Fijian cuisine, when I did find my mouth, appears to be “fusion” food, with influences spicily wafting in from south-east Asia, Polynesia (read that as ‘heavy with the coconut’) India and China. Exotic fruits are, unsurprisingly, a staple, with spices such as ginger, cumin, coriander and chillies all playing their part in the culinary symphony. I sampled amuse-bouche so delectable that, had I not been ferociously drooling at the thought of my hors d’oeuvre, I would have eaten enough to fill me up at least until breakfast. Sushi of pure melt-in-your-mouth fleshy wonderfulness with home -grown wasabi was fiery enough to give a hint to the nose-burn you’d receive if you polished off too much in one go. The Japanese teppanyaki grill was deftly manned by a local, schooled in some ferocious knife skills.

Apparently, one can order ‘off menu’. But when my sculptured and artistic Thai lunch, including purple, flower-shaped fish dumplings of the most exquisite flavour, was presented, I prayed for one long moment that no-one, not even a child, had ever asked for something as embarrassingly unsophisticated as a pizza or a toasted cheese sandwich. Having said that – you could, of course. Just please, please don’t. (The island is far too good for children, in my informed opinion, but then I’m not a fan of the little critters. They’re just walking virus  carriers with a sense of entitlement).

One is, on the whole, used to a well-respected restaurant putting the effort into the small details for an haute cuisine dinner, so it was the breakfasts that really impressed. I am particularly partial to a hotel breakfast, but, from now on, all I shall think of when I munch on a buffet of croissant and limp cold meats, is the unending supply of island cheese, home-made hams, smoked fish, delightfully fluffy rolls that made waking up in Laucala an even more exciting business. They even pulled off a Full English with just Laucala produce, all accompanied by a cup of tea, literally egg-timed, so it is brewed to perfection. Spoilt forever.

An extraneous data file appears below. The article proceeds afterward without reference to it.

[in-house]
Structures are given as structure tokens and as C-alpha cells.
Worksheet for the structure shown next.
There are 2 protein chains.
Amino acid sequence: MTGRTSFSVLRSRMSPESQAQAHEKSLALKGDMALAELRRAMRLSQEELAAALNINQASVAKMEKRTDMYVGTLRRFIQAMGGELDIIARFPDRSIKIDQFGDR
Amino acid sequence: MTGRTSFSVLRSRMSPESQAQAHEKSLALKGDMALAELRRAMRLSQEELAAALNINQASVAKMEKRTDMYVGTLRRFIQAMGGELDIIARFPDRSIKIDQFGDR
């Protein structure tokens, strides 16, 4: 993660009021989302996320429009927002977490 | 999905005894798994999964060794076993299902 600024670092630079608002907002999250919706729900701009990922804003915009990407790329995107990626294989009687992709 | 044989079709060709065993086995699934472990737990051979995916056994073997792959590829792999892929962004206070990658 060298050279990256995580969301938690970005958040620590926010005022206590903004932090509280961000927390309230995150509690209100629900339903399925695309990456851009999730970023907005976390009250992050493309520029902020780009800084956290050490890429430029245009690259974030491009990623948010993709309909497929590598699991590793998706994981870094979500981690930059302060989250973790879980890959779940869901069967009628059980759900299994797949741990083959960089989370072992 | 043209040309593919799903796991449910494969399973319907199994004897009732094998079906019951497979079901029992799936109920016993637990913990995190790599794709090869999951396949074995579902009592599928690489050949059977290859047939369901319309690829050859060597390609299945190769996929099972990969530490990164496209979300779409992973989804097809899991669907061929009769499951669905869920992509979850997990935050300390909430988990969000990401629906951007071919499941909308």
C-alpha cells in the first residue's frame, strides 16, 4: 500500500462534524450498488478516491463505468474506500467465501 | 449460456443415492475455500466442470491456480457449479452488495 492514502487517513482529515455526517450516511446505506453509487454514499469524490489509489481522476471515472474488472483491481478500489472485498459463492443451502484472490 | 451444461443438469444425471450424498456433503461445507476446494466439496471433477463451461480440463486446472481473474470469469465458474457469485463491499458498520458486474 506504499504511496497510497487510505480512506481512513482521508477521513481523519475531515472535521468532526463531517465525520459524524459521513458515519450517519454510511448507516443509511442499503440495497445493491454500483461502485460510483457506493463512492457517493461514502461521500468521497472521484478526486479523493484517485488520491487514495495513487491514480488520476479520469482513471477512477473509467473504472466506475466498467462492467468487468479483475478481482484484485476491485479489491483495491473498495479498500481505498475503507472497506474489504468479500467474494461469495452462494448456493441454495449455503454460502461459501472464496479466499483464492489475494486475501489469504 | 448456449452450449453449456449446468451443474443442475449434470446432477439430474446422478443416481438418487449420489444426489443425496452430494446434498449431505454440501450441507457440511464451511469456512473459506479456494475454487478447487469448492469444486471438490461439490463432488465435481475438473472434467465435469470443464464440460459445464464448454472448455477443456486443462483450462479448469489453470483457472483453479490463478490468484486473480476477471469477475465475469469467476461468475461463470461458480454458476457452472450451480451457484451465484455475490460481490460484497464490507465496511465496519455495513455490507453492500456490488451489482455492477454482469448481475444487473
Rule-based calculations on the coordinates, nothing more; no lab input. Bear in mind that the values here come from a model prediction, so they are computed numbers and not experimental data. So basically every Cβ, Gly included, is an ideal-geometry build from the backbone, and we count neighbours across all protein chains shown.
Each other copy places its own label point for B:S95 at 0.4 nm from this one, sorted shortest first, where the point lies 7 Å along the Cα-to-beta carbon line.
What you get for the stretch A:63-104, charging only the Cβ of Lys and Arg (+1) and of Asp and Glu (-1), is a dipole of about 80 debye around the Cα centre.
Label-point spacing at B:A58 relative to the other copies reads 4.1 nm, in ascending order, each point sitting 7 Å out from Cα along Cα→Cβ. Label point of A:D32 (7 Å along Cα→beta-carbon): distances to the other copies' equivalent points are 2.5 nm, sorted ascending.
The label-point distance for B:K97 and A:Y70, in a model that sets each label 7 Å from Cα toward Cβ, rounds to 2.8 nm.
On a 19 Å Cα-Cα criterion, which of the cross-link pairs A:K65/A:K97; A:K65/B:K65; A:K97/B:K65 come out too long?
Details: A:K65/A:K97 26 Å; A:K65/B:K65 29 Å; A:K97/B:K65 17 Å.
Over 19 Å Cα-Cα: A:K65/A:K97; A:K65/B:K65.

My favourite places on the island were cocooned in the intimate spaces in the Rock Lounge bar (built into rocks over a cliff with out any excavating machines) and the highest point in the Seagrass Restaurant: up on the cliffside, facing panoramic views of the ocean, with nothing but the varying hues of blue filling your eyes. The few boats that passed were too far away to see me and the peace felt like end of the world. If I were not a lady, I would try and describe to you the blissful minutes I spent spending pennies in the restroom on the cliff, open to this same vista. Definitely my number one number one.

I didn’t for a second believe when Lusso gave me this assignment that, in an article about a luxurious, exclusive island resort, I’d be writing about self-sufficiency and Germanic precision but, I suspect, that creating one of the most sublime destinations on Earth requires nothing less. The knowledge that every minute detail of the island, from the staff’s training, to the menus to the hydroponics, to the less glamourous aspects of the operations, all reflect glory on the husband and wife management team of Laucala, Thomas and Maja Kilgore. The most fabulous thing is, that if you’ve experienced it, you would be one of the very few, incredibly lucky people on the planet to have done so. Which makes me one of them, I suppose. Then we could be friends. Then again…

For more information on Laucala contact Aspirational Travel (01932 220 908 / For details on Laucala ( Ali Silk flew to Fiji via Macau with Cathay Pacific and Air Pacific.